Eye For Film >> Movies >> The ABCs Of Book Banning (2023) Film Review
The ABCs Of Book Banning
Reviewed by: Jennie Kermode
For a country which likes to boast about its support of free speech, the US has a long history of banning books. What’s more, its politicians have long understood that it isn’t necessary to ban them outright, with all the political difficulty that can involve, in order to keep most people from accessing them. Most people are not going to go to the trouble of ordering books they know little about. Keep them out of schools and libraries and most people won’t know where to start.
Even in the context of this history, the recent rash of book banning across the Southern States has been quite shocking. It includes celebrated works of literature by the likes of Toni Morrisson, James Baldwin and Margaret Atwood, as well as children’s books encouraging confidence, like Ambitious Girl, or acceptance, like And Tango Makes Three. This Oscar-nominated short documentary by Sheila Nevins, co-directed by Trish Adlesic and Nazenet Habtezghi, contributes to the conversation about this phenomenon by bringing in the voices of those with most to lose, and whom we have heard from least: the children.
They are, as one ten-year-old immediately observes, probably going to be dismissed because of their age; yet her arguments are cogent and pertinent, as are those of the other child participants, some as young as seven. None of them come across as over-reaching, nor give the impression of trying to present themselves as something they’re not. They simply respond to the books and ask why anyone would want to ban them. If they’re naïve, it’s in their sometime failure to anticipate the answers to their questions. Why would anybody object to girls becoming more confident?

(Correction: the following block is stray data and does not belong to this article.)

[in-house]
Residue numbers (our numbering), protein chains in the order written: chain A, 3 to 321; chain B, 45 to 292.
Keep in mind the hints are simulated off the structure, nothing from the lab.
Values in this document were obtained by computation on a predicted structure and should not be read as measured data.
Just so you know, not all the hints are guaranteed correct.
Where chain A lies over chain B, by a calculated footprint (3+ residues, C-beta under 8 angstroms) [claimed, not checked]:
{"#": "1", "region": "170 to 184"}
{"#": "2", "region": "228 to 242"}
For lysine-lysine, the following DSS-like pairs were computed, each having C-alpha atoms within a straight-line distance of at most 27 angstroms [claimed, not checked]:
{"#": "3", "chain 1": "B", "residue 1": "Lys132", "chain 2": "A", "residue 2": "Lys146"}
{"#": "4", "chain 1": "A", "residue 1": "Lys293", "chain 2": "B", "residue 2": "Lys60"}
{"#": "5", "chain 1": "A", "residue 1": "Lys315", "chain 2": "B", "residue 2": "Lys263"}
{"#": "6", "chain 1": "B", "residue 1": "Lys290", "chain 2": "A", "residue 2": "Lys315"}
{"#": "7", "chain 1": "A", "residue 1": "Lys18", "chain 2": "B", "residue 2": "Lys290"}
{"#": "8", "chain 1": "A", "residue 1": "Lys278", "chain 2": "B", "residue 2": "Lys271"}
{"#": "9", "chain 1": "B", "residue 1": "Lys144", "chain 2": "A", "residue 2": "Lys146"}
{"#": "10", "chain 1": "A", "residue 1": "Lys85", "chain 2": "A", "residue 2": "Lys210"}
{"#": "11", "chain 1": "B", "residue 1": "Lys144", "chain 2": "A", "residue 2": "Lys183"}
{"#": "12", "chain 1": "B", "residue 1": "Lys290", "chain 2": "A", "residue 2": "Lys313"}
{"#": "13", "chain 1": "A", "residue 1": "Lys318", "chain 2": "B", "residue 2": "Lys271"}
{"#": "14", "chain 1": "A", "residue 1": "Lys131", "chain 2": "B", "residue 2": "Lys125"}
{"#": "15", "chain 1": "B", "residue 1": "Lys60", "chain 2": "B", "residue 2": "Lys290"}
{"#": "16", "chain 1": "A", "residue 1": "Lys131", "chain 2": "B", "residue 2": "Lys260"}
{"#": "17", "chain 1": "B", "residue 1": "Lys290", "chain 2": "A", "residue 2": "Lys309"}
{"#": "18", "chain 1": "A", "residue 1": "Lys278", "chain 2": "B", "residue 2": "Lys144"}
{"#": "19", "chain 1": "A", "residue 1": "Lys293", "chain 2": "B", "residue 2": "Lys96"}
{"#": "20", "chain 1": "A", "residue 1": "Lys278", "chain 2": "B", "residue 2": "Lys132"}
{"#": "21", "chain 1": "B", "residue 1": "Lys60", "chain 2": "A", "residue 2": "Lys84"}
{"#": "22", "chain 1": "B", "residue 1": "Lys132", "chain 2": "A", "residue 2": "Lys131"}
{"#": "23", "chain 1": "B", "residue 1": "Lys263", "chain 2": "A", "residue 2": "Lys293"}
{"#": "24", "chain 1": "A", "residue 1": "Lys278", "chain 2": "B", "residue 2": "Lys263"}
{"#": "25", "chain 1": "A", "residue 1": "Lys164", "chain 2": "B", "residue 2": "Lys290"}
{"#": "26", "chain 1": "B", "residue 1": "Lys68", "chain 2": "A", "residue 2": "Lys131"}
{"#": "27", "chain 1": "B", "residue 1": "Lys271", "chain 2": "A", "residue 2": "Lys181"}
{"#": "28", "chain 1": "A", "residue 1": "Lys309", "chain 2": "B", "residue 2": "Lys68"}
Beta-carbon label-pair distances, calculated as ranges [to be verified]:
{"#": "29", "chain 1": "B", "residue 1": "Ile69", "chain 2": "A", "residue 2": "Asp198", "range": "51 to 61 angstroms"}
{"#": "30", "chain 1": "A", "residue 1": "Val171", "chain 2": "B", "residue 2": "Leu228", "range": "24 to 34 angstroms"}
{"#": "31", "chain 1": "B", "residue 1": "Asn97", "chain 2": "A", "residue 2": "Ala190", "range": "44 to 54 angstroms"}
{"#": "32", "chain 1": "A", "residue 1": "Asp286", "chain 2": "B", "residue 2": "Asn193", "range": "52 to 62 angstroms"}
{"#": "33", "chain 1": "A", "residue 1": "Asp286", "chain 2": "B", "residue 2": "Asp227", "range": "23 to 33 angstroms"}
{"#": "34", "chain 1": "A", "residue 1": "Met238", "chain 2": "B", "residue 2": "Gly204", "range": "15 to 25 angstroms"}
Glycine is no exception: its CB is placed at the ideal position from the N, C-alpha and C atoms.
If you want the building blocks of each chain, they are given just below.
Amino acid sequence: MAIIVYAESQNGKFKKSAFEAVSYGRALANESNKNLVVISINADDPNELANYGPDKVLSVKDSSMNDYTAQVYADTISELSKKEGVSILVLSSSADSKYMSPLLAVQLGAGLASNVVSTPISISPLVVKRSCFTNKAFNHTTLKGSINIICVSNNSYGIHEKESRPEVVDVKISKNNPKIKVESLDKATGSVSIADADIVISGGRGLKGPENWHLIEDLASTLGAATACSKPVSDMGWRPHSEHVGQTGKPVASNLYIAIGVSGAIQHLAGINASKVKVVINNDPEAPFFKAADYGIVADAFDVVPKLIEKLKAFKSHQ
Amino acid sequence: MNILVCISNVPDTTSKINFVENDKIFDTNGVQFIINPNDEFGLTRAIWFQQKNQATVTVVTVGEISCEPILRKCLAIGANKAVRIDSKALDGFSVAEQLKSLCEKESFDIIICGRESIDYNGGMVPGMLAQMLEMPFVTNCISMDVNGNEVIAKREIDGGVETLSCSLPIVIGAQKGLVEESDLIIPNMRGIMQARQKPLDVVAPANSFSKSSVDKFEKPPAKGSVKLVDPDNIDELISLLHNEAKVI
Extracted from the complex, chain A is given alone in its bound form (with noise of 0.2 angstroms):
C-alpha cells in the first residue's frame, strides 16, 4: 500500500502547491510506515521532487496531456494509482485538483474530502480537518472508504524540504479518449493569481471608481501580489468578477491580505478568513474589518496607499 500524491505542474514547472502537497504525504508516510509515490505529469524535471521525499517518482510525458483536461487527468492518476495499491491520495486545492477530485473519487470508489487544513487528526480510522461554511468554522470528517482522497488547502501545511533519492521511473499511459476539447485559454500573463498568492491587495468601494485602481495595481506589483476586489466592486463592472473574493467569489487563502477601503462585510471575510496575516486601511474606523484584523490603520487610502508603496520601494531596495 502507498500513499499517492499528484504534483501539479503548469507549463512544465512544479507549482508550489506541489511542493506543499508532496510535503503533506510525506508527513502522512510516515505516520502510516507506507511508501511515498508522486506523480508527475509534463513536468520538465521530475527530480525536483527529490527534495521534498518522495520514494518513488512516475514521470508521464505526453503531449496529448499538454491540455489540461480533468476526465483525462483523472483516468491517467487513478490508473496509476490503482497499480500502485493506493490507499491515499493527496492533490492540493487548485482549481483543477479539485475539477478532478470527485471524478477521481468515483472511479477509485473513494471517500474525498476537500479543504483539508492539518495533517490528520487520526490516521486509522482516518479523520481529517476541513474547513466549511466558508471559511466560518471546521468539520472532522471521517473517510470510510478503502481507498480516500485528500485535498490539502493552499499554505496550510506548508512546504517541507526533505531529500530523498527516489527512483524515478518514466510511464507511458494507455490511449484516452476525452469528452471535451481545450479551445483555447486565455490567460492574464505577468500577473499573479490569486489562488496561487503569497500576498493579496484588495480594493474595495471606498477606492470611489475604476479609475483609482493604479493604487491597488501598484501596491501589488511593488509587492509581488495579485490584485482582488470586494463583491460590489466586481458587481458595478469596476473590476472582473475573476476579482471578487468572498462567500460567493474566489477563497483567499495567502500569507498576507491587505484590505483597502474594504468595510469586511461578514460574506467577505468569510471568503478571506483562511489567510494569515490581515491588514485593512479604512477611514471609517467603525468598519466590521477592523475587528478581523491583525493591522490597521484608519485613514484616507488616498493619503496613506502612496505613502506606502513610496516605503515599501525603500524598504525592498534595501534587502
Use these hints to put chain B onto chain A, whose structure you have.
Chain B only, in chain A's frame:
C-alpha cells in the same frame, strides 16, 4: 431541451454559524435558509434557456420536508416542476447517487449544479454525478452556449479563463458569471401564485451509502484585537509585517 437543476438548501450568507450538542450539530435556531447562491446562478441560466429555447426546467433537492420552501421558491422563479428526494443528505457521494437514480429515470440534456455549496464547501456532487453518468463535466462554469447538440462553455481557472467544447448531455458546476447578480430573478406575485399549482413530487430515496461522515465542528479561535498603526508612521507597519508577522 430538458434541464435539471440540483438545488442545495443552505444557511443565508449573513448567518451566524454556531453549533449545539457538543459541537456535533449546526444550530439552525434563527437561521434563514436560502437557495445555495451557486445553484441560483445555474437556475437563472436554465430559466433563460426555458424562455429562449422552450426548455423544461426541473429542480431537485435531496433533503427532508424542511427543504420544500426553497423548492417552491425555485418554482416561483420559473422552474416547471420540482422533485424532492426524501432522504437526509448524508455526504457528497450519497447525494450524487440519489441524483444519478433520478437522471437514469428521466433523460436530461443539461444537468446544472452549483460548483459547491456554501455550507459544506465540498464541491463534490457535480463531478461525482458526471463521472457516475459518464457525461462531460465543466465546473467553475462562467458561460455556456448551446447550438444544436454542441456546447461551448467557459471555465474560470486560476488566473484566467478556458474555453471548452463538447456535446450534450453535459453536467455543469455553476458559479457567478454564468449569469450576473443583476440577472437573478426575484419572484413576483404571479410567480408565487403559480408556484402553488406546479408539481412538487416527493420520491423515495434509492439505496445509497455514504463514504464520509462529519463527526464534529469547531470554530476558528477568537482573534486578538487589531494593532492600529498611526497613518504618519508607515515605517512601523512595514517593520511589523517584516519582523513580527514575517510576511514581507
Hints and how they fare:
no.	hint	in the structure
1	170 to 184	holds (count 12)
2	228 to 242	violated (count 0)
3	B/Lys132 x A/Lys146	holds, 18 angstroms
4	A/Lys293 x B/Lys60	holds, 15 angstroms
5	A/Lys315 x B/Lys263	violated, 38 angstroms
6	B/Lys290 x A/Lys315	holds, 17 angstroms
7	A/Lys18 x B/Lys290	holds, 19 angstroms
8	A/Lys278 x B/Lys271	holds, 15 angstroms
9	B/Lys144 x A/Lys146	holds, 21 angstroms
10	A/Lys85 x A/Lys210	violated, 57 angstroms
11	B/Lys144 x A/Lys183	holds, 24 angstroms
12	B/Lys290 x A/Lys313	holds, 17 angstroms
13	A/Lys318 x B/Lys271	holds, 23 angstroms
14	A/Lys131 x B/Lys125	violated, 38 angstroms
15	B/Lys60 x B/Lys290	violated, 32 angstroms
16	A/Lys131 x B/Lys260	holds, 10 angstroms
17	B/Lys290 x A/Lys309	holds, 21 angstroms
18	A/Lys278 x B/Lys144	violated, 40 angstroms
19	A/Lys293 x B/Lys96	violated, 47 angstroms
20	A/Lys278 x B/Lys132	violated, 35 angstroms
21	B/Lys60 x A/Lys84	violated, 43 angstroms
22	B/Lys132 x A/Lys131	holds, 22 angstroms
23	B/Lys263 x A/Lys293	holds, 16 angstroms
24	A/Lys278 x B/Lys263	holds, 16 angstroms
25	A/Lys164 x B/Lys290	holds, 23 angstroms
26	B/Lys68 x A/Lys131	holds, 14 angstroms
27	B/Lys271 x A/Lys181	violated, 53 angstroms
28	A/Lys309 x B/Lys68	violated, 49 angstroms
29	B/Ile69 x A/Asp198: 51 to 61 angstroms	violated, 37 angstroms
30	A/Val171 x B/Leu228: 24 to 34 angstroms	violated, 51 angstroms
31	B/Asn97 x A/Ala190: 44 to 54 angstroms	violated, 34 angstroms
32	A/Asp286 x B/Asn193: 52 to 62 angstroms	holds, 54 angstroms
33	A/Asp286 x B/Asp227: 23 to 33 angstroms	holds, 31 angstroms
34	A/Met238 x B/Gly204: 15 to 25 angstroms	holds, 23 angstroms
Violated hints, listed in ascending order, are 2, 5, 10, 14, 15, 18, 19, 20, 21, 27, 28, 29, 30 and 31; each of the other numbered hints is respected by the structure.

“They’re just banning knowledge,” one child protests. Others lament that so many books have been taken from their school library that there’s now nothing interesting to read. One white girl loves reading about black history but no longer has access to it. Her education has been cut off.
Authors contribute too. Amanda Gorman, Nikki Giovanni, and drag queen Lil Miss Hot Mess, whose colourful approach helped to make reading fun for those who might otherwise be reluctant. Then there is a speech, presented to a board of education, by 100-year-old Grace Linn, who speaks with passion about how she lost her husband in World War Two when he fought for his country against a regime which burned books. Banning, burning, the net result is the same, she says – and about fear, which is nothing to do with freedom.
It’s a simple film, but more powerful for it: a film in defence of words which doesn’t need many to make its point. When children’s access to books is restricted like this, they are denied the opportunity to develop their minds at a crucial stage, foreshortening their potential. If that makes you angry, however, seeing the hunger for knowledge which they exhibit in this film will bring you joy.Reviewed on: 08 Feb 2024